What to Know about a Breast Lift with Implants

If you think a combination of breast implants and a lift may be your best bet, here’s the scoop:

How the Surgery Works

The procedure for breast implants is pretty straightforward – a plastic surgeon makes a discreet incision and places a silicone or saline implant inside your breast. Depending on your goals and preferences, the implant can be placed above or below your chest muscle.

The process for a lift, however, is less well-known. In order to keep visible scarring to a minimum, excess skin is removed from the bottom of the breast. This gives the breast a more rounded shape and youthful height. The areola and nipple are also repositioned so they face forward rather than down.


The biggest concern patients have is usually the safety of the surgery. People tend to assume that a two-in-one surgery has a higher risk of complications than two separate surgeries.

Rest assured that this has been found to be untrue. A 2013 study published by the American Society of Plastic Surgeons is just one example showing that combining a lift with implants is safe.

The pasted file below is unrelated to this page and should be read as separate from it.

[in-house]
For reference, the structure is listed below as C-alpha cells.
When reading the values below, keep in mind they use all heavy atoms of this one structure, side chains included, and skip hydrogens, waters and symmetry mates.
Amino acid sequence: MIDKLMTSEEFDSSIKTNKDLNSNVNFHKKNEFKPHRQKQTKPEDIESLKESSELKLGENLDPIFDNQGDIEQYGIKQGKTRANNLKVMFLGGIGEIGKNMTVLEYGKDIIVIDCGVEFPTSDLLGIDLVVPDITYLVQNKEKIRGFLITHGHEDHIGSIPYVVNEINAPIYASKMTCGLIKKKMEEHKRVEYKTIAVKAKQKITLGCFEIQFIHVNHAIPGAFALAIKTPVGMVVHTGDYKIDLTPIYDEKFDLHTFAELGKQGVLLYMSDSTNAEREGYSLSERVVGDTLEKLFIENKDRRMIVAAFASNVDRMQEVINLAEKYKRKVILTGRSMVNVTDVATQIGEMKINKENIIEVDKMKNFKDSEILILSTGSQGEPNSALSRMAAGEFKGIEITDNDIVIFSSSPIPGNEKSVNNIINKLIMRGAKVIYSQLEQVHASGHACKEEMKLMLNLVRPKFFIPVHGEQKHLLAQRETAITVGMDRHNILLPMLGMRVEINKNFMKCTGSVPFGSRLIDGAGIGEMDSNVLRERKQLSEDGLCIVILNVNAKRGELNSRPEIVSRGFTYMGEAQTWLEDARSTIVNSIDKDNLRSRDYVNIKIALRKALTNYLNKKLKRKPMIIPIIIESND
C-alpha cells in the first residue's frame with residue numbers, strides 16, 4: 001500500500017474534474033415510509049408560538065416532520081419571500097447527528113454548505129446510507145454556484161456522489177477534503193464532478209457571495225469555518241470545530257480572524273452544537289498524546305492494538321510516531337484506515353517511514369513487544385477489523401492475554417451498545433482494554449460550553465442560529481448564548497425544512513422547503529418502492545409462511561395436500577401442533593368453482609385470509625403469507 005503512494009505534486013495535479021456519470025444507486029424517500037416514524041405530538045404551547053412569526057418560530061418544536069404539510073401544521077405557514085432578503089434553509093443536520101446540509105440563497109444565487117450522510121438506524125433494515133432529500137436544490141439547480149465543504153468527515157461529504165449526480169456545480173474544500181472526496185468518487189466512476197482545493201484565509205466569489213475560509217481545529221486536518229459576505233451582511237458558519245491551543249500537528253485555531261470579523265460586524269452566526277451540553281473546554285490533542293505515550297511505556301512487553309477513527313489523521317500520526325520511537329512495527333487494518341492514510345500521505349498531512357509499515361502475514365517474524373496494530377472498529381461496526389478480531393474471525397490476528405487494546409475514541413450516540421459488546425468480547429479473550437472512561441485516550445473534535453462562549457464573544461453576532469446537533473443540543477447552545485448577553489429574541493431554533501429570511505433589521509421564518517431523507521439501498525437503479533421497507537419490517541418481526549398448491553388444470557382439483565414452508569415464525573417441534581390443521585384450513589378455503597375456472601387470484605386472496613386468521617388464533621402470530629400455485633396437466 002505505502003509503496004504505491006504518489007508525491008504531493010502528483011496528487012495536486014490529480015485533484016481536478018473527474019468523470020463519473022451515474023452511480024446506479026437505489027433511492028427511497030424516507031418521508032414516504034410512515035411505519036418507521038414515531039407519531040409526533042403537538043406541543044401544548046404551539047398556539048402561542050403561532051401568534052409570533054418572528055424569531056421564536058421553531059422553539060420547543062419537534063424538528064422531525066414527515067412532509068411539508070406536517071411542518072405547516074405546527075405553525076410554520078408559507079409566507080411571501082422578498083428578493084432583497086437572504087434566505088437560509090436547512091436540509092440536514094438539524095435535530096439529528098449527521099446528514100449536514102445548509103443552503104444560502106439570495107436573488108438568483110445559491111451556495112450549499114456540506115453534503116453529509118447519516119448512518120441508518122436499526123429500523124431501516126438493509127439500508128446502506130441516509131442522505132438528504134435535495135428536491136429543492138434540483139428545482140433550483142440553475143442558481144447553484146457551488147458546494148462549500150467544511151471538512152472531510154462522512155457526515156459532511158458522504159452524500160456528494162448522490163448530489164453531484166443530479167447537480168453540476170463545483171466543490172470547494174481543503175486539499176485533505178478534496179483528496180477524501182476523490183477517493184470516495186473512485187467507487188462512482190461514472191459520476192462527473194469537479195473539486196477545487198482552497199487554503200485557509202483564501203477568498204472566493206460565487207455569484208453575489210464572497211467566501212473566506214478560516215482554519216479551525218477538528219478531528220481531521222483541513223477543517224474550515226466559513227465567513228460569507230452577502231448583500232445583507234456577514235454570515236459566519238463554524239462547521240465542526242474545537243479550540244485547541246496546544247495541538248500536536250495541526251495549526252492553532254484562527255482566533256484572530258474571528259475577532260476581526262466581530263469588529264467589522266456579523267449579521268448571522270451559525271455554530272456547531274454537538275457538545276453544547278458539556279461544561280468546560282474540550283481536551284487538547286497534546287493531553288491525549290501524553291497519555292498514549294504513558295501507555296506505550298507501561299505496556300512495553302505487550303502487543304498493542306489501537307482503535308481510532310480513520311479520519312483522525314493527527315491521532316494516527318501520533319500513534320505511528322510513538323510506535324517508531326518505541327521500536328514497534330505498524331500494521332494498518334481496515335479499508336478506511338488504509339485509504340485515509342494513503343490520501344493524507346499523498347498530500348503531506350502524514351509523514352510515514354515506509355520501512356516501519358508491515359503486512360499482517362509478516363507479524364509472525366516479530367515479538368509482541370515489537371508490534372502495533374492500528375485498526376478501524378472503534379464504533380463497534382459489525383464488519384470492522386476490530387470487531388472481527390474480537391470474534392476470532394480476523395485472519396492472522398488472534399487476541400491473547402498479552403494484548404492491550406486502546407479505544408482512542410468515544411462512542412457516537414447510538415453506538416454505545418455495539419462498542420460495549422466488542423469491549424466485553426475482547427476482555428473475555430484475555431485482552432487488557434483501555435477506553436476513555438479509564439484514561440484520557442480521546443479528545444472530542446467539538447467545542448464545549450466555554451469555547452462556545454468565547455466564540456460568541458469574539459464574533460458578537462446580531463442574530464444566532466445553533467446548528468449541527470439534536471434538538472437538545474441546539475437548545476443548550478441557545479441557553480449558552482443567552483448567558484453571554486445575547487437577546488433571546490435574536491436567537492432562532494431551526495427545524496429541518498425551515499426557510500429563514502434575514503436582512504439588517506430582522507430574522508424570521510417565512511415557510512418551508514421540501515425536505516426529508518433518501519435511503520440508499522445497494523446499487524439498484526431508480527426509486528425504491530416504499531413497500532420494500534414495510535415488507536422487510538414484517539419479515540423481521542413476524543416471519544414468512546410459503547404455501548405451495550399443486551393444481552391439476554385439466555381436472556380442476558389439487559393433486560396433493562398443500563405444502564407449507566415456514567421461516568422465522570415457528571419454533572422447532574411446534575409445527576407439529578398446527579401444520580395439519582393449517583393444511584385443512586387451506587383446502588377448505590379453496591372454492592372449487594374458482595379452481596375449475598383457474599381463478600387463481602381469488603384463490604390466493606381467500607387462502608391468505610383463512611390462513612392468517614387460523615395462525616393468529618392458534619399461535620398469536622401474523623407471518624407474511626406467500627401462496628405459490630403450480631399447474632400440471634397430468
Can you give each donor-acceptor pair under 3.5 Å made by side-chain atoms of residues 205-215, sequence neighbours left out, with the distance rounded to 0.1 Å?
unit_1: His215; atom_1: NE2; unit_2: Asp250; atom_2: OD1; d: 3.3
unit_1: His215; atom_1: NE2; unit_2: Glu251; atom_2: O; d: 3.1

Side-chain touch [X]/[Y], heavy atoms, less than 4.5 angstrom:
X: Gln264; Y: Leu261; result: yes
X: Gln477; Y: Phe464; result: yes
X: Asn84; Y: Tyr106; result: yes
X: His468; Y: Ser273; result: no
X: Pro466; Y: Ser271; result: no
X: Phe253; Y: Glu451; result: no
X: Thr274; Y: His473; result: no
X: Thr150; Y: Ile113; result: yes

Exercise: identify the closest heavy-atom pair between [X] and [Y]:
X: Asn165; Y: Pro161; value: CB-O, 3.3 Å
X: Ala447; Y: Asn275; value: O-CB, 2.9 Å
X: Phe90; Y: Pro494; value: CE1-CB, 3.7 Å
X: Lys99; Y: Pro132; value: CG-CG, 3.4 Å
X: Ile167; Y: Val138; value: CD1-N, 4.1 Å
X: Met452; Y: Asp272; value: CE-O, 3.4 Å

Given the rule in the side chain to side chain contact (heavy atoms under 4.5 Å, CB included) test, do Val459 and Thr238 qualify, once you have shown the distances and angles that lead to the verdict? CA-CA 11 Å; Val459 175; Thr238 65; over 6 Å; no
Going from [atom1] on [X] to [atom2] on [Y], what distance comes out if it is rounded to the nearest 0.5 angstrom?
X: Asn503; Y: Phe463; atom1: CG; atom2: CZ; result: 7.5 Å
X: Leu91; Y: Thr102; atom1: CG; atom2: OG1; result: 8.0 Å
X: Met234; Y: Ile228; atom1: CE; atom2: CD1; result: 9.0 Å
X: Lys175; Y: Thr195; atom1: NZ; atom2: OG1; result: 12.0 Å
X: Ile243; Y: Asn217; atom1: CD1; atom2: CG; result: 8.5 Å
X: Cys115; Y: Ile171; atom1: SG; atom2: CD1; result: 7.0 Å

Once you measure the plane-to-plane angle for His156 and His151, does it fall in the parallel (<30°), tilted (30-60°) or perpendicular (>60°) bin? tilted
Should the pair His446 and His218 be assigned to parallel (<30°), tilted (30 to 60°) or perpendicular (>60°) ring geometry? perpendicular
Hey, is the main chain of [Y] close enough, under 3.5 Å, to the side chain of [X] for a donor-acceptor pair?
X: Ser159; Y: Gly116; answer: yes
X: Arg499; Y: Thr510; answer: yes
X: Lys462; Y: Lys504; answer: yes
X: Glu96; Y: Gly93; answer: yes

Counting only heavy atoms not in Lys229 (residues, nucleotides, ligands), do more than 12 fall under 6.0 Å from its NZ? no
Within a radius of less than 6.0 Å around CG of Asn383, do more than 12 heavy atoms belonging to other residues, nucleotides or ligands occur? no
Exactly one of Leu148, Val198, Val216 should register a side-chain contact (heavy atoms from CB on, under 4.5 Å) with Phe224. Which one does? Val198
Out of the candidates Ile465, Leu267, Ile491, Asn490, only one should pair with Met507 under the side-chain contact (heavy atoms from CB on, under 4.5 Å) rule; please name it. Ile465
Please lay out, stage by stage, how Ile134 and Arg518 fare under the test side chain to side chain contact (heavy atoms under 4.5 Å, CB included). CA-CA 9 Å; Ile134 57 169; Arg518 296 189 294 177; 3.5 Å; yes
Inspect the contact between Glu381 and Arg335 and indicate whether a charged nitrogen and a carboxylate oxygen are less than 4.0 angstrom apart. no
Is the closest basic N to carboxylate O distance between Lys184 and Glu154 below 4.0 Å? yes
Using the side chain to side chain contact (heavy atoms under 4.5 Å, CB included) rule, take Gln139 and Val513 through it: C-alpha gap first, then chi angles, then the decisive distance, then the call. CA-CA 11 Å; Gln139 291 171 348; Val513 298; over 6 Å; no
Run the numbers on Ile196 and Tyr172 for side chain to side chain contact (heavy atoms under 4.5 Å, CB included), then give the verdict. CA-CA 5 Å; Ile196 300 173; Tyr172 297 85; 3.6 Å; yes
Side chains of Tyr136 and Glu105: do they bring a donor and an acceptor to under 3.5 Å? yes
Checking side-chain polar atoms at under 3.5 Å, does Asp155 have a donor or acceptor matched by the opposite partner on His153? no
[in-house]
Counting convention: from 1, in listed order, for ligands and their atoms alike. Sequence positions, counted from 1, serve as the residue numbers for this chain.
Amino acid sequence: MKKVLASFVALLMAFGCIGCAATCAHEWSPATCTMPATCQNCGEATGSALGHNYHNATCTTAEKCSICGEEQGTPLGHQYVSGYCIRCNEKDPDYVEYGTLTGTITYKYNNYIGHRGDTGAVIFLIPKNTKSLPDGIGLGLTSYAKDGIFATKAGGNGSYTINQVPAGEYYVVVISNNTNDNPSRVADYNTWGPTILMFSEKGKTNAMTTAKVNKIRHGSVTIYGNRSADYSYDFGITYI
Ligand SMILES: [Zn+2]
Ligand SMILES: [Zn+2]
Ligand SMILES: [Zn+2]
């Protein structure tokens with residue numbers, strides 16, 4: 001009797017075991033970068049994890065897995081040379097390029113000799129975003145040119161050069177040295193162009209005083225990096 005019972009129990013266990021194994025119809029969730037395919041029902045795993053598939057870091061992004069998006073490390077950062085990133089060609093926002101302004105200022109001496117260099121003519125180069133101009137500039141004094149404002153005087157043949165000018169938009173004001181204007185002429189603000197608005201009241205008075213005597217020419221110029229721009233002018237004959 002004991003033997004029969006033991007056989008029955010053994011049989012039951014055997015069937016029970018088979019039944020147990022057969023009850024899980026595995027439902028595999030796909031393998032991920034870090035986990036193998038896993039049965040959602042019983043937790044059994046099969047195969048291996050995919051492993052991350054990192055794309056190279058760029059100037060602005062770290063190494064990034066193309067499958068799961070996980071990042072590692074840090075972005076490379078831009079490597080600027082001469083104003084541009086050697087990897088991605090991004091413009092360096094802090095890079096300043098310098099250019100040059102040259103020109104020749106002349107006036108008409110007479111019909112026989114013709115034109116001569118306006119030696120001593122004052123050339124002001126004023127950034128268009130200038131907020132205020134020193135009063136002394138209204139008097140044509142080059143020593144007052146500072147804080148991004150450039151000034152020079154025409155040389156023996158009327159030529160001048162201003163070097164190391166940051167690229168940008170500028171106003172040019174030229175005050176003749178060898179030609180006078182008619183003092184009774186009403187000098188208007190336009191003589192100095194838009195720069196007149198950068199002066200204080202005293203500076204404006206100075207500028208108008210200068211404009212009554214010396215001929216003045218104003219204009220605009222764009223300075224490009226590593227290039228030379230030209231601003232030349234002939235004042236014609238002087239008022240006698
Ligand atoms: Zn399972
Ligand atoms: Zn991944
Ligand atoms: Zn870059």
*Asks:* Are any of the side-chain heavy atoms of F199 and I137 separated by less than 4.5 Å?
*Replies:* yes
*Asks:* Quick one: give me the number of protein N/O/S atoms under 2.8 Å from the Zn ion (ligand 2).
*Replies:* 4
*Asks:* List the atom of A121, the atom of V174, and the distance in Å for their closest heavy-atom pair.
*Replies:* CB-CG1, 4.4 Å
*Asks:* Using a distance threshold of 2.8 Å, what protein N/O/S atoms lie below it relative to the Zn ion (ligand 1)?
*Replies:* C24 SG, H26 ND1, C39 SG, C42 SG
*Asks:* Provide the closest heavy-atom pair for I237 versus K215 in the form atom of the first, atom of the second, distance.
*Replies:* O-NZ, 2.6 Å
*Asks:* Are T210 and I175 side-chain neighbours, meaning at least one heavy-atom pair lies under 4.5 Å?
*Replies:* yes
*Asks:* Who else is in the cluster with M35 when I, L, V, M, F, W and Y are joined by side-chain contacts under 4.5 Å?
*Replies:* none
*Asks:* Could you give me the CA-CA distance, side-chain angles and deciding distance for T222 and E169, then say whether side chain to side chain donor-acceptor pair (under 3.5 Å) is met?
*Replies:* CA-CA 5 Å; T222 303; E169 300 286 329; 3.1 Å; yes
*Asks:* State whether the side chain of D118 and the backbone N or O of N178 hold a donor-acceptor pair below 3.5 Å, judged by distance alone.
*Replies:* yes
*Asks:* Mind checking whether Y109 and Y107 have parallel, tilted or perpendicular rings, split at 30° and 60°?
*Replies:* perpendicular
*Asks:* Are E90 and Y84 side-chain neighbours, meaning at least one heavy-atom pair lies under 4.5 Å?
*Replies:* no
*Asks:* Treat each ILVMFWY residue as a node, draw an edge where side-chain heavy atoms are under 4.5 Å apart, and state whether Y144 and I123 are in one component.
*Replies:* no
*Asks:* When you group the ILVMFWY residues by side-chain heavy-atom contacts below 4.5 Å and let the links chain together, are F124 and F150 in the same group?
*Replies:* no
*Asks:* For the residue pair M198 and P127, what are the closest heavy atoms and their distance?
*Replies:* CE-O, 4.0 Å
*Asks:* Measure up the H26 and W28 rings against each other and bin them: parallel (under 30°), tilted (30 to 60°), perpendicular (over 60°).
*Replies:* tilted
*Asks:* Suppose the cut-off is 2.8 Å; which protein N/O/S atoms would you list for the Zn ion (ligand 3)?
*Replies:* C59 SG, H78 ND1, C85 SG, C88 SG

Another common question is what the scars will look like after a combined breast augmentation and lift.

A breast lift typically requires a “keyhole incision,” which goes around the areola, down the middle of the bottom of the breast, and across the breast crease. An implant is usually placed through these same incisions, so the scar for a combined procedure is the same as a lift alone.

This might sound complex, but it means that your scars will be hidden any time you’re wearing a bathing suit or bra. The scars will also continue to fade over time.

Recovery Time

The healing period for a breast lift and breast augmentation is easier than most patients expect. While everyone is different, most patients are back to work and their other daily activities within a week to ten days.

You’ll still have limitations on exercise and lifting, but most patients are back to their normal lives (except with better breasts) in no time.

Types of Implants

You’ll have several types of breast implants to choose from for your surgery. There are three primary types today: saline, silicone, and form-stable silicone (or “gummy bear implants”).